Skip to content
Permalink
main
Switch branches/tags
Go to file
 
 
Cannot retrieve contributors at this time

Contributing to Scully

We would love for you to contribute to Scully and help make it even better than it is today! As a contributor, here are the guidelines we would like you to follow:

Code of Conduct

Help us keep Scully open and inclusive. Please read and follow our Code of Conduct.

Got a Question or Problem?

Do not open issues for general support questions as we want to keep GitHub issues for bug reports and feature requests. You've got much better chances of getting your question answered on Stack Overflow) where the questions should be tagged with tag scully.

Stack Overflow is a much better place to ask questions since:

  • there are thousands of people willing to help on Stack Overflow
  • questions and answers stay available for public viewing so your question / answer might help someone else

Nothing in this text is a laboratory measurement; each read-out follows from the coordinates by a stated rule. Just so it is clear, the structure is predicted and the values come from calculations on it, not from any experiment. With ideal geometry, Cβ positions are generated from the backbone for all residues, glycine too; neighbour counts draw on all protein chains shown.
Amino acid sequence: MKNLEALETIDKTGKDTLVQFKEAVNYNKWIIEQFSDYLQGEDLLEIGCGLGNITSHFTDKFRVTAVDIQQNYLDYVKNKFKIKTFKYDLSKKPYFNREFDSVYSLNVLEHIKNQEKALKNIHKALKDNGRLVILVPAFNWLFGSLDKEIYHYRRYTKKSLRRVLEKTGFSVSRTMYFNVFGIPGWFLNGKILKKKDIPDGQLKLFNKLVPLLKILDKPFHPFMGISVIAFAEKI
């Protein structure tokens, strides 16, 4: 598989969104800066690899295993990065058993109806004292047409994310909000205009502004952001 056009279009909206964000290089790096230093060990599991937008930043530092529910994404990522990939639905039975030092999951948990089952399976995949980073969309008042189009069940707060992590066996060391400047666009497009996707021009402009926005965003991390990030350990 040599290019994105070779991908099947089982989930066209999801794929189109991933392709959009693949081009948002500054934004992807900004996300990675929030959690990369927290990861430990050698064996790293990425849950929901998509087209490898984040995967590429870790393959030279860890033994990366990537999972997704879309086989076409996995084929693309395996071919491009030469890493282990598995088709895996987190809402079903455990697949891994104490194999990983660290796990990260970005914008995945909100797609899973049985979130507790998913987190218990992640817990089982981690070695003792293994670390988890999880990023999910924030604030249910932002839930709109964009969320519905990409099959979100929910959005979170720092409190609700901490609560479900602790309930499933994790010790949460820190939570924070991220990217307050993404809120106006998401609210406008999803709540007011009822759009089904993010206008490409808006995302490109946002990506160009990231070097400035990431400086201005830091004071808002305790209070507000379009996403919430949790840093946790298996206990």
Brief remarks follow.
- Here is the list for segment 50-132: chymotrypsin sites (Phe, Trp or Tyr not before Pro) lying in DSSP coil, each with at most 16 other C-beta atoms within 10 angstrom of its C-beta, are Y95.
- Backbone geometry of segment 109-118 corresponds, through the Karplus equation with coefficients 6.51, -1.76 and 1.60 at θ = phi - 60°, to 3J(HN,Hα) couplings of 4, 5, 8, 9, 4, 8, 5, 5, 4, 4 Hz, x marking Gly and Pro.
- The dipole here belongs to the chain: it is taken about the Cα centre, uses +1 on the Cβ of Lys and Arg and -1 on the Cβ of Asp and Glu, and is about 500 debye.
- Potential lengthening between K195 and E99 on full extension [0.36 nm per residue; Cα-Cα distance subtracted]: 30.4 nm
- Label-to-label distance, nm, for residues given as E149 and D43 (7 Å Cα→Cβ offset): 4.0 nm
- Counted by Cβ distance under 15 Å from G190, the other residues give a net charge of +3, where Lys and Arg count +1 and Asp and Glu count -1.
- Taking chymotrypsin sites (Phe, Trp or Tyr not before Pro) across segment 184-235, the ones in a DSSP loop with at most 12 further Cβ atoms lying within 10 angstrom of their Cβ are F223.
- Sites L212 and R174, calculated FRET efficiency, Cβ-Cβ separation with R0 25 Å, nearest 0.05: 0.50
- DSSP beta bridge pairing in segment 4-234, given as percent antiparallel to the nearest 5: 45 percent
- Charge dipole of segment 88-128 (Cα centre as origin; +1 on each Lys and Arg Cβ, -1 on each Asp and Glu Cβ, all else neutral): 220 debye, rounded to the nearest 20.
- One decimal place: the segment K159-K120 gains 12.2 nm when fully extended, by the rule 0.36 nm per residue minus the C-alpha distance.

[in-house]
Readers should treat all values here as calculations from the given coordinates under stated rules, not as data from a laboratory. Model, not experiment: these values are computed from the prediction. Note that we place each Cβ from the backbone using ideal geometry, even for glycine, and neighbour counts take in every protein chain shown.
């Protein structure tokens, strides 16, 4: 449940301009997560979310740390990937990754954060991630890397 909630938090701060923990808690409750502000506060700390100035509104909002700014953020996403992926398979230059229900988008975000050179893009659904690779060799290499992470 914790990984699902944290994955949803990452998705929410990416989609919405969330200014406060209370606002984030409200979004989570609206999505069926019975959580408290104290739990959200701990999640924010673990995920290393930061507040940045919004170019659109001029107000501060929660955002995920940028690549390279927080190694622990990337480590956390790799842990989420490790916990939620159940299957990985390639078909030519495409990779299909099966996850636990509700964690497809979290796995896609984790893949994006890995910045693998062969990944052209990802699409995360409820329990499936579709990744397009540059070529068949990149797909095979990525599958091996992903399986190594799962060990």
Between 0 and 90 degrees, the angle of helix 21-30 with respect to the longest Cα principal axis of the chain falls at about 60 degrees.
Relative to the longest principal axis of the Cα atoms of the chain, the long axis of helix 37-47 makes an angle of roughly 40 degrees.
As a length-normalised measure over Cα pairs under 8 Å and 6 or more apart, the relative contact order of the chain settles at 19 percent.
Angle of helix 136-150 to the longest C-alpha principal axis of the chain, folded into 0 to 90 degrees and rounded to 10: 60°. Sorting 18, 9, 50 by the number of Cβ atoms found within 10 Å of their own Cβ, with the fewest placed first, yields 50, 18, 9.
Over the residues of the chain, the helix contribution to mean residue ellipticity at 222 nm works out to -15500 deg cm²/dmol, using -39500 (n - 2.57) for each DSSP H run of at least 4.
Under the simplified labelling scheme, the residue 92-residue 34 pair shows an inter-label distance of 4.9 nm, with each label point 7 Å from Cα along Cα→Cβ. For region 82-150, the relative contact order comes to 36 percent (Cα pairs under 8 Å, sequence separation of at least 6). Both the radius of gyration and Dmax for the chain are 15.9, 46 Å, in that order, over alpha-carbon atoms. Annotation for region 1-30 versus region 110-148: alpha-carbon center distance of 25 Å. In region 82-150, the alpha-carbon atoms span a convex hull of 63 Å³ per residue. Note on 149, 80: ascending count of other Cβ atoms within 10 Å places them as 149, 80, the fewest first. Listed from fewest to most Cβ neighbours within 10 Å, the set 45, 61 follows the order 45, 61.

• Stack Overflow's voting system assures that the best answers are prominently visible.

To save your and our time, we will systematically close all issues that are requests for general support and redirect people to Stack Overflow.

If you would like to chat about the question in real-time, you can reach out via our gitter channel.

Found a Bug?

If you find a bug in the source code, you can help us by submitting an issue to our GitHub Repository. Even better, you can submit a Pull Request with a fix.

Missing a Feature?

You can request a new feature by submitting an issue to our GitHub Repository. If you would like to implement a new feature, please submit an issue with a proposal for your work first, to be sure that we can use it. Please consider what kind of change it is:

  • For a Major Feature, first open an issue and outline your proposal so that it can be discussed. This will also allow us to better coordinate our efforts, prevent duplication of work, and help you to craft the change so that it is successfully accepted into the project.